Monday, April 16, 2007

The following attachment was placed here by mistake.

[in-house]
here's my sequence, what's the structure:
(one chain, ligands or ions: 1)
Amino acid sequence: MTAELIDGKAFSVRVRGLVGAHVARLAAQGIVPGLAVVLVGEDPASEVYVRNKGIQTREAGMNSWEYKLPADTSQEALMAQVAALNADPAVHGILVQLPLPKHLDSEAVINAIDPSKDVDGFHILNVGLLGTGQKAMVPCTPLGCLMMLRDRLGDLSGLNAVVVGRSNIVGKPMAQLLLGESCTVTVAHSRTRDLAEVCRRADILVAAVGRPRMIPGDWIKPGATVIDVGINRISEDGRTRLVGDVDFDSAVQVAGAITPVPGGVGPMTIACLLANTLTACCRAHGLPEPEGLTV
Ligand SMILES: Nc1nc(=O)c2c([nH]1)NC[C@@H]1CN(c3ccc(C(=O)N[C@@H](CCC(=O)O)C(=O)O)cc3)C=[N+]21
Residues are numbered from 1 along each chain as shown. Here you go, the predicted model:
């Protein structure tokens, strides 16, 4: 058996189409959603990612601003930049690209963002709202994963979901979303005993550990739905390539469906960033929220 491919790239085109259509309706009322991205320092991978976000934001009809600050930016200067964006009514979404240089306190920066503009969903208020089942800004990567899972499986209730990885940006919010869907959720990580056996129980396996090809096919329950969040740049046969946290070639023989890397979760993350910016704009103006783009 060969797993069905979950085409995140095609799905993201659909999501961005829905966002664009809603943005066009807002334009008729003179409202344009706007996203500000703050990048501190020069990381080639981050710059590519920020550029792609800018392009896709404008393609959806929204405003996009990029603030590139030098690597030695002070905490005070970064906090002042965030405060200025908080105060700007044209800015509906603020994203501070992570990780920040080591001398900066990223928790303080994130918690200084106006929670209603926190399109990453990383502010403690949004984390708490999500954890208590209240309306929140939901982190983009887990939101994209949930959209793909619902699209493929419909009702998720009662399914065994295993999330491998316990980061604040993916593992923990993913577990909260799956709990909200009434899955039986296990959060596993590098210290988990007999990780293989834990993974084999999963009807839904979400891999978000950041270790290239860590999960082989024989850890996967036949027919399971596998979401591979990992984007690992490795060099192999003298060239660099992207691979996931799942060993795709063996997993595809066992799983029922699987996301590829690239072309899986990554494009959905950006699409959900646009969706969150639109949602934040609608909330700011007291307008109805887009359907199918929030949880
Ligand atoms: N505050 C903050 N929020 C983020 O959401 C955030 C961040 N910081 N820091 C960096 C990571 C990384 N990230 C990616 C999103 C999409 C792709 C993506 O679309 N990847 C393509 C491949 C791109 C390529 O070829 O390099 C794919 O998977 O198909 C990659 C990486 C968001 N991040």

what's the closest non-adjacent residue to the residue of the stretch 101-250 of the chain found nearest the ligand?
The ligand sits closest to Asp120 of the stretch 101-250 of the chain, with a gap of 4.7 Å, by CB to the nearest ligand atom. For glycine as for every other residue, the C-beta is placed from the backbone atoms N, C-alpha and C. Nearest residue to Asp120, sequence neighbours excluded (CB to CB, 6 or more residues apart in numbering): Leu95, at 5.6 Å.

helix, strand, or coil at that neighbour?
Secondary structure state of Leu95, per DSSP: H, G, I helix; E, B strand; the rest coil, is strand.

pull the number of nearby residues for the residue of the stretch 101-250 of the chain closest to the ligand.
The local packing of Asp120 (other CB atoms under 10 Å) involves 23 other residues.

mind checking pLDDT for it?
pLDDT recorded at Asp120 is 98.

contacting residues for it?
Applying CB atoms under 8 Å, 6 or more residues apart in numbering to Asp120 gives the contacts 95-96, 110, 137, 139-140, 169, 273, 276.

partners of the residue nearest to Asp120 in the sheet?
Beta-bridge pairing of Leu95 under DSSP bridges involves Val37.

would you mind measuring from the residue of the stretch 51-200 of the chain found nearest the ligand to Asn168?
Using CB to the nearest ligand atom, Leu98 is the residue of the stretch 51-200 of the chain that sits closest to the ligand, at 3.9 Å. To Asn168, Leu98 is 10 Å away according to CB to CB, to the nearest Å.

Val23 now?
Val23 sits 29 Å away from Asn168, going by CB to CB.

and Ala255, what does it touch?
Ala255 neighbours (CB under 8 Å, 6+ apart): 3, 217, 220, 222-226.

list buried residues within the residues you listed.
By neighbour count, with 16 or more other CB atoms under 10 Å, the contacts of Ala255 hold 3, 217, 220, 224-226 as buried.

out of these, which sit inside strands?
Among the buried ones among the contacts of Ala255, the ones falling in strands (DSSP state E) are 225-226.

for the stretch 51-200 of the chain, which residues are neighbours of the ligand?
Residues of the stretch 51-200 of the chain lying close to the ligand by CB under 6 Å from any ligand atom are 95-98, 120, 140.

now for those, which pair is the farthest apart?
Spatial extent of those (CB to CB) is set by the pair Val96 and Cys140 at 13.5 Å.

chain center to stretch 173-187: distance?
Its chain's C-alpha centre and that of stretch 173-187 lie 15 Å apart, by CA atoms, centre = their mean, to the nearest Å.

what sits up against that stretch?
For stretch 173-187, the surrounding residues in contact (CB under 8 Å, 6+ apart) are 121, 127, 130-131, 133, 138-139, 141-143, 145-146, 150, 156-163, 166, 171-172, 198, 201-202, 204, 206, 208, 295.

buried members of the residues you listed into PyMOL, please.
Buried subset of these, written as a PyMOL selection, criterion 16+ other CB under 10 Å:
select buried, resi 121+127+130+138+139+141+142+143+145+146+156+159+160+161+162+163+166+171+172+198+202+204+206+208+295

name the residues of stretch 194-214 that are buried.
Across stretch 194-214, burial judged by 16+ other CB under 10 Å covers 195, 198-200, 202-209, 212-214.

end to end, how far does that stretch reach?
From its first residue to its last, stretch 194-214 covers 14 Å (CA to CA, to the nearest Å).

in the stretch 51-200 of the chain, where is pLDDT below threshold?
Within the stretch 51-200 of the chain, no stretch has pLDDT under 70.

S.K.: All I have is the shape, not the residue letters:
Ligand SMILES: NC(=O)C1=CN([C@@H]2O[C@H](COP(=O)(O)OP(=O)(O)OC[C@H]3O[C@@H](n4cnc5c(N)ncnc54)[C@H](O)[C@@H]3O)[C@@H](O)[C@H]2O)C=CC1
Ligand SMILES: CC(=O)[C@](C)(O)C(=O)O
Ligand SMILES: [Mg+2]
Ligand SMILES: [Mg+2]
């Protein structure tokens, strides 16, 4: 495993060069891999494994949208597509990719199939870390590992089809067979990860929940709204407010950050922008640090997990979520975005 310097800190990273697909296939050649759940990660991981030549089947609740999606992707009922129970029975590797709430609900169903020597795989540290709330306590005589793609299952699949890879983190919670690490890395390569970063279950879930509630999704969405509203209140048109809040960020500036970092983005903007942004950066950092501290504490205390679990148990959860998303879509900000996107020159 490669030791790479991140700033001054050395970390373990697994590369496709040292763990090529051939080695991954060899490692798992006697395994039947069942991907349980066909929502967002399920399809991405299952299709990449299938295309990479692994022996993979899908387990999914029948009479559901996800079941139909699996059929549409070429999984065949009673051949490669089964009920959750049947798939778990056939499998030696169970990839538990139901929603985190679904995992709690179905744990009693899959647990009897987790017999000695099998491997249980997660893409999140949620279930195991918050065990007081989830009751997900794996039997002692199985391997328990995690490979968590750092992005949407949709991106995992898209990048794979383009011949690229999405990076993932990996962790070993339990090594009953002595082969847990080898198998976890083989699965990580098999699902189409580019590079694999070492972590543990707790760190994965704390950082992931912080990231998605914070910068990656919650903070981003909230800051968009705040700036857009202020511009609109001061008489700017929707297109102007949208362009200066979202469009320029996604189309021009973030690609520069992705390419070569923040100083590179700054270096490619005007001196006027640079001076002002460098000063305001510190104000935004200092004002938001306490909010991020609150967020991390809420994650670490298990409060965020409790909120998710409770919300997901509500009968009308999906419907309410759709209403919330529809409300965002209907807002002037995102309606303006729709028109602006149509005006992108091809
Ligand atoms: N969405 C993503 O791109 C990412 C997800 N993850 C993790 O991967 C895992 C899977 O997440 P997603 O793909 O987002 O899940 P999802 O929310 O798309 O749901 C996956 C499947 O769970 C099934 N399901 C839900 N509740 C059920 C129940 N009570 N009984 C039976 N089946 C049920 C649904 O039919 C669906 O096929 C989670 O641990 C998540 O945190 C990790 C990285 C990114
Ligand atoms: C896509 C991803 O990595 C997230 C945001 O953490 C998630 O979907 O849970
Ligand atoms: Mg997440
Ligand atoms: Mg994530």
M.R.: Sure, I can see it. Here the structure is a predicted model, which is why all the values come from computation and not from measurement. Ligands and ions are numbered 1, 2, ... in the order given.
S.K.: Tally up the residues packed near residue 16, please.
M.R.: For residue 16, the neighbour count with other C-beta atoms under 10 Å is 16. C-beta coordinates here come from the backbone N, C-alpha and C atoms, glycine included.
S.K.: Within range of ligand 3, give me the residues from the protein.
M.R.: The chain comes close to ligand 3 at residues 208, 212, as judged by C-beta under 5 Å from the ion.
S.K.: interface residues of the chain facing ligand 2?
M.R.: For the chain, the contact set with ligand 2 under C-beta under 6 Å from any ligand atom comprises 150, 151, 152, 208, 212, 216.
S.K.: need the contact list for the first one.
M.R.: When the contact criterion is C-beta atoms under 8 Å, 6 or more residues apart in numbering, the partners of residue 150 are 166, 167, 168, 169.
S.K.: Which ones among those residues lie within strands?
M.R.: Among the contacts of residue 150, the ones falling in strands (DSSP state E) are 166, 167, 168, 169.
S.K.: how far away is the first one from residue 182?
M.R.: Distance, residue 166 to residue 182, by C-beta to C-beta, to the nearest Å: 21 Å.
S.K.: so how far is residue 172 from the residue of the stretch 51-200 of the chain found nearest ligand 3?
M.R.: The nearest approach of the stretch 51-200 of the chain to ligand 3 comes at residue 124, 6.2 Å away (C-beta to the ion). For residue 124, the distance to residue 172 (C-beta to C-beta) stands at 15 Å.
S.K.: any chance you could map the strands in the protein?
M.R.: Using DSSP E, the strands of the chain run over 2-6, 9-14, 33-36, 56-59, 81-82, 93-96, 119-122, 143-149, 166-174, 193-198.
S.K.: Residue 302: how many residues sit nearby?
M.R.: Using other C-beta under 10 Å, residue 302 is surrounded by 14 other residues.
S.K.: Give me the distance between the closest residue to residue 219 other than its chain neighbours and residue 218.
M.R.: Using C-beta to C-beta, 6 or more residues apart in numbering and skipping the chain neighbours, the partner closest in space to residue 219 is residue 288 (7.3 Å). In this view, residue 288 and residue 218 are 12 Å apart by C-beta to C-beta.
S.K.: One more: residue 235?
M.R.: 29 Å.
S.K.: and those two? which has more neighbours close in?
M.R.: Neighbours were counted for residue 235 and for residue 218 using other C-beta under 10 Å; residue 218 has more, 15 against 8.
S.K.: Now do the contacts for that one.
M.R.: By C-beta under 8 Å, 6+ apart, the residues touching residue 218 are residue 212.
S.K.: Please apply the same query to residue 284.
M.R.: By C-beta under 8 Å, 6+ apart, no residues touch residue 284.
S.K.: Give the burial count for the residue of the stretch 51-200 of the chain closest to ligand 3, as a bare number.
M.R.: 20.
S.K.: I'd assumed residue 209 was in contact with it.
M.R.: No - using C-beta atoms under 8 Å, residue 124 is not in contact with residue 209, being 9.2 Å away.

The ceiling was ornate, and it was so high that many of its ancient intricacies were obsured by shadow. The walls extended down, covered in old wainscoting that likely harbored dust, fingernails, the blood of civil war veterans between the boards. There were old brass hooks jutting out at each booth, and people hung their sopping jackets on them, the fabric sagging like the wings of a wounded bat. At places along the wall, murky mirrors were built in. They were cracked and reflected only weird suggestions of the people who stared into them. Sitting there, in a place so old, is pretty much about as perfect as you can get. Far off, you hear the clinking of glasses, and perhaps a baseball game on the television, but the way that the wood creaks, and the way that the seats accommodate you strangely--as though they were built for someone who lived a hundred years before you--makes you hope that you can have an infinite number of moments just like this one. But you realize that you can't. You realize that every moment you have just like this one could be the last chance to experience that peculiar sensation. You stare at the person gesticulating across from you and you get a wild urgency like you're playing chess-by-mail with someone who has rapidly-encroaching myopia. Suddenly, you only hope that they--or you--will make the next move before it's too late.